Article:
god. he showed her. mercy triumphs over judgment.

her heart shifted. the question came. what would she want for herself?


he called her after 30 days in jail.

he broke the restraining order.

she went lower in humility. ‘father?’ she asked.

‘mercy,’ god said.

she did not turn him in.


Definitions of mercy:

a: compassion or forbearance shown especially to an offender or to one subject to one’s power; also : lenient or compassionate treatment <begged for mercy>

Source: Meriam-Webster Online Dictionary

b: compassion for the miserable. Its object is misery. By the atoning sacrifice of Christ a way is open for the exercise of mercy towards the sons of men, in harmony with the demands of truth and righteousness ( Genesis 19:19 ; Exodus 20:6 ; Exodus 34:6 Exodus 34:7 ; Psalms 85:10 ; Psalms 86:15 Psalms 86:16 ). In Christ mercy and truth meet together. Mercy is also a Christian grace ( Matthew 5:7 ; 18:33-35 ).

Source: Easton’s Bible Dictionary

(copyright 2016 jane doe)


the aftermath

she sat in starbucks resting after giving her statement to the police.

out the window, she saw several officers drive away.

he was handcuffed in the back of their car.

it was over. he was gone.

relief washed over. she inhaled deep breaths.

my god, how had they arrived in this place?

ugh. the bank next door was on lock down. could it get worse?

photo credit: pixabay

she finished with the police. charges would be filed. serious charges.

she worked the rest of that day. it was a good distraction.

in her office, out loud, she tearfully proclaimed god would restore, somehow, some way.

he had to. he must. there were promises.

at home, the apartment seemed smaller, darker.

she walked the dog, and ate some dinner.

those twenty minutes played over and over again in her mind.

the tears flowed, the sobs came.

she asked god what to do. he said, “forgive.”

there was a movie for that. she watched, curled up in a ball crying.

he was safe now. no more nightly trips. the bars would protect him.

photo credit: pixabay











he would not die but live.

she would live, too.

(copyright 2016 jane doe)


twenty minutes

twenty minutes can seem a lifetime.

that morning, he was in a rage, either still or again. it didn’t matter.

he drove her to work. she went into her office.

he sped away, tires screeching.

then he called her cell phone. she ignored it.

he called the office phone. once, twice, multiple times harassing her.

he was coming back and demanded she come outside.

not wanting to create a scene in her work, she agreed.

when she went to see what he wanted, he commanded her to get in the car.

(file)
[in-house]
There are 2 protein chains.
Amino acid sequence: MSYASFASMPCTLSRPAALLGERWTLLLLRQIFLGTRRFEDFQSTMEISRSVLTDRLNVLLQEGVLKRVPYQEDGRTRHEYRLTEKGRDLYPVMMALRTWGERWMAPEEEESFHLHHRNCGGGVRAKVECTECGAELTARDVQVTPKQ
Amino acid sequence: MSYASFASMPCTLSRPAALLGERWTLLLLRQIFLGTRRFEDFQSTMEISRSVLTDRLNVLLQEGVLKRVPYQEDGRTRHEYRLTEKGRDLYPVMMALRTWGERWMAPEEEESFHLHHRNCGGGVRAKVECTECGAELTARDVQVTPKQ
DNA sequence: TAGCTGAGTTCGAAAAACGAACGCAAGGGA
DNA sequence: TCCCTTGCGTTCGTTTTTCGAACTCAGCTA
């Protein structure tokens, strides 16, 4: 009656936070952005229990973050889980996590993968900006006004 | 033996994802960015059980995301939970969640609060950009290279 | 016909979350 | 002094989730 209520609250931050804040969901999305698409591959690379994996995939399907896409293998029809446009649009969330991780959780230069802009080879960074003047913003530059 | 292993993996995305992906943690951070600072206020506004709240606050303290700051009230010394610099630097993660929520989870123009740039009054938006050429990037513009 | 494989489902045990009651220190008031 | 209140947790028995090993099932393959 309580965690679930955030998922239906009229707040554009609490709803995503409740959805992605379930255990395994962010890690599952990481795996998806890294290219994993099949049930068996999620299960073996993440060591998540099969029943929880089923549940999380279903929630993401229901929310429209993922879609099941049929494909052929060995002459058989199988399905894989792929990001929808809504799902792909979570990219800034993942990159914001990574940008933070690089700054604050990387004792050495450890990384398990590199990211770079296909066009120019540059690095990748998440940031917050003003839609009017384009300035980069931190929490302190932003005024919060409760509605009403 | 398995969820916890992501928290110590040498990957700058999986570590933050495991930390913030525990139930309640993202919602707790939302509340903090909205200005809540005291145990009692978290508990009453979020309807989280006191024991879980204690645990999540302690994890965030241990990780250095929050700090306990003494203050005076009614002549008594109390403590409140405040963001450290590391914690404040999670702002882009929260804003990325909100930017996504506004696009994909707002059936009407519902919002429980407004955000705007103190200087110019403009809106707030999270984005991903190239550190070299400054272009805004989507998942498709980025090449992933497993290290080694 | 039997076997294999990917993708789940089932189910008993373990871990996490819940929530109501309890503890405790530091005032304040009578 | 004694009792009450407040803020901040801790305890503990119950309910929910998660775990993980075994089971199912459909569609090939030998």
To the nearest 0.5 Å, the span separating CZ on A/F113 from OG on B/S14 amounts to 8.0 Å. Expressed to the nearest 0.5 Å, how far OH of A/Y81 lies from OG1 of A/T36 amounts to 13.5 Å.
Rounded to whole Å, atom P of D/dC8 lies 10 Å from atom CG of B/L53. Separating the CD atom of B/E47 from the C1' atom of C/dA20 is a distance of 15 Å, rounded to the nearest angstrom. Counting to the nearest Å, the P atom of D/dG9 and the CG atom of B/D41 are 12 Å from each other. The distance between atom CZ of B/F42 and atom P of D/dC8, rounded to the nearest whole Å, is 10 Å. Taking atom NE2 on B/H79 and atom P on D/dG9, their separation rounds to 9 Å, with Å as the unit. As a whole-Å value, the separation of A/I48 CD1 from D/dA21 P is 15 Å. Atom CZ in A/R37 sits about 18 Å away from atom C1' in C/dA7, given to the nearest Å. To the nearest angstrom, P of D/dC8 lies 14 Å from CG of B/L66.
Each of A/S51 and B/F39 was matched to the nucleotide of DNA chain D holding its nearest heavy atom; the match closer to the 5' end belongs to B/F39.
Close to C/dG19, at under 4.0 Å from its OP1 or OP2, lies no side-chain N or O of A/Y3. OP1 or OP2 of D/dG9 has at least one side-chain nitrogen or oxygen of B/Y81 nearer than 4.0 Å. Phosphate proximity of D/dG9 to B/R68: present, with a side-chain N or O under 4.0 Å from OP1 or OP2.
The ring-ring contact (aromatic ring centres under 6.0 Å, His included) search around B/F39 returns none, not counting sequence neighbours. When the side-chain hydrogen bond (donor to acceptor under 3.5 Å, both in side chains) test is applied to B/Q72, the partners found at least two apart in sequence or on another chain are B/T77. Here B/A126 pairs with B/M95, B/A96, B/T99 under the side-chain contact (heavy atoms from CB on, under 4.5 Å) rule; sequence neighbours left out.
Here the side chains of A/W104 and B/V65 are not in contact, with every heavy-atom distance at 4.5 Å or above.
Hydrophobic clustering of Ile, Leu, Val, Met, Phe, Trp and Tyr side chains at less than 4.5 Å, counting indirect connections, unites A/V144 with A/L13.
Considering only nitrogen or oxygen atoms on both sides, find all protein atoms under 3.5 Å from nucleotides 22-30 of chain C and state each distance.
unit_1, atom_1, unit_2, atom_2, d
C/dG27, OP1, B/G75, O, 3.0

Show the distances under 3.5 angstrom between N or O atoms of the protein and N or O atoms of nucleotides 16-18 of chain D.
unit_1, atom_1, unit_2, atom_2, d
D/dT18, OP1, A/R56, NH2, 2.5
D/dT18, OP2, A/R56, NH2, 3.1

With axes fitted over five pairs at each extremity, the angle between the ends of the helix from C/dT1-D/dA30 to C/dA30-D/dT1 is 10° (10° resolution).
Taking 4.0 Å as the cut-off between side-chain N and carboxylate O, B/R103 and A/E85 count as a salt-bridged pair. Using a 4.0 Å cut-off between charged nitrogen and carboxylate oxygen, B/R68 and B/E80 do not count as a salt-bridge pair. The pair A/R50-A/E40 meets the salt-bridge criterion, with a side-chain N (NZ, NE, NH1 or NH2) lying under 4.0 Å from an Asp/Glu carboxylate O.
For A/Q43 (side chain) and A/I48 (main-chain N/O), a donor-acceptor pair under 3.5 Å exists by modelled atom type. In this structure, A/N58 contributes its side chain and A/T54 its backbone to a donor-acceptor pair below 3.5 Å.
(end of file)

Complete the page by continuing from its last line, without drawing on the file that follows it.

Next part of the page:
she got in the car. with the door barely closed, he drove away.

clearly, what was going on with him had escalated to a new, extreme level.

in a matter of seconds, he had driven the car back onto the highway.

her attempts to escape the car were futile.

each time she tried, he reached across her body and held her back, pulling the door shut.

she screamed at him to let her out; he continued to threaten her.

he turned off the highway on to a side road with less traffic, less people to see, less people to help.

photo credit n. leblanc












he had kidnapped her.

photo credit n. leblanc











at one point, she realized the screaming she heard was her own voice.

how would she escape? she had to hear.

she quit screaming, going deep to the well of peace within.

she recalled jesus’ words.  “no harm will come to you.”

he became quieter, too.

then, he revealed his need; it was money.

he drove the car to the bank. she was to get money for him.

hands shaking, she walked up to the atm.

to her horror, it was not over yet.

he appeared behind her to see her bank balance.

she quickly took her card back without taking cash out.

he grabbed her hand, bending her fingers backwards.

she pulled away, walking backwards until she was in front of the café windows.

the police gathered there almost daily.

she looked to the right through the windows for them. they were there.

tears streaming down her cheeks, she motioned with her hand for them to come to her.

she mouthed the words, “help me!” to them.

in a moment, it was over.

half of the officers took her to safety inside. the other half arrested him.

in that moment, mercy and grace had come to save not only her life, but his, as well.

(copyright 2016 jane doe)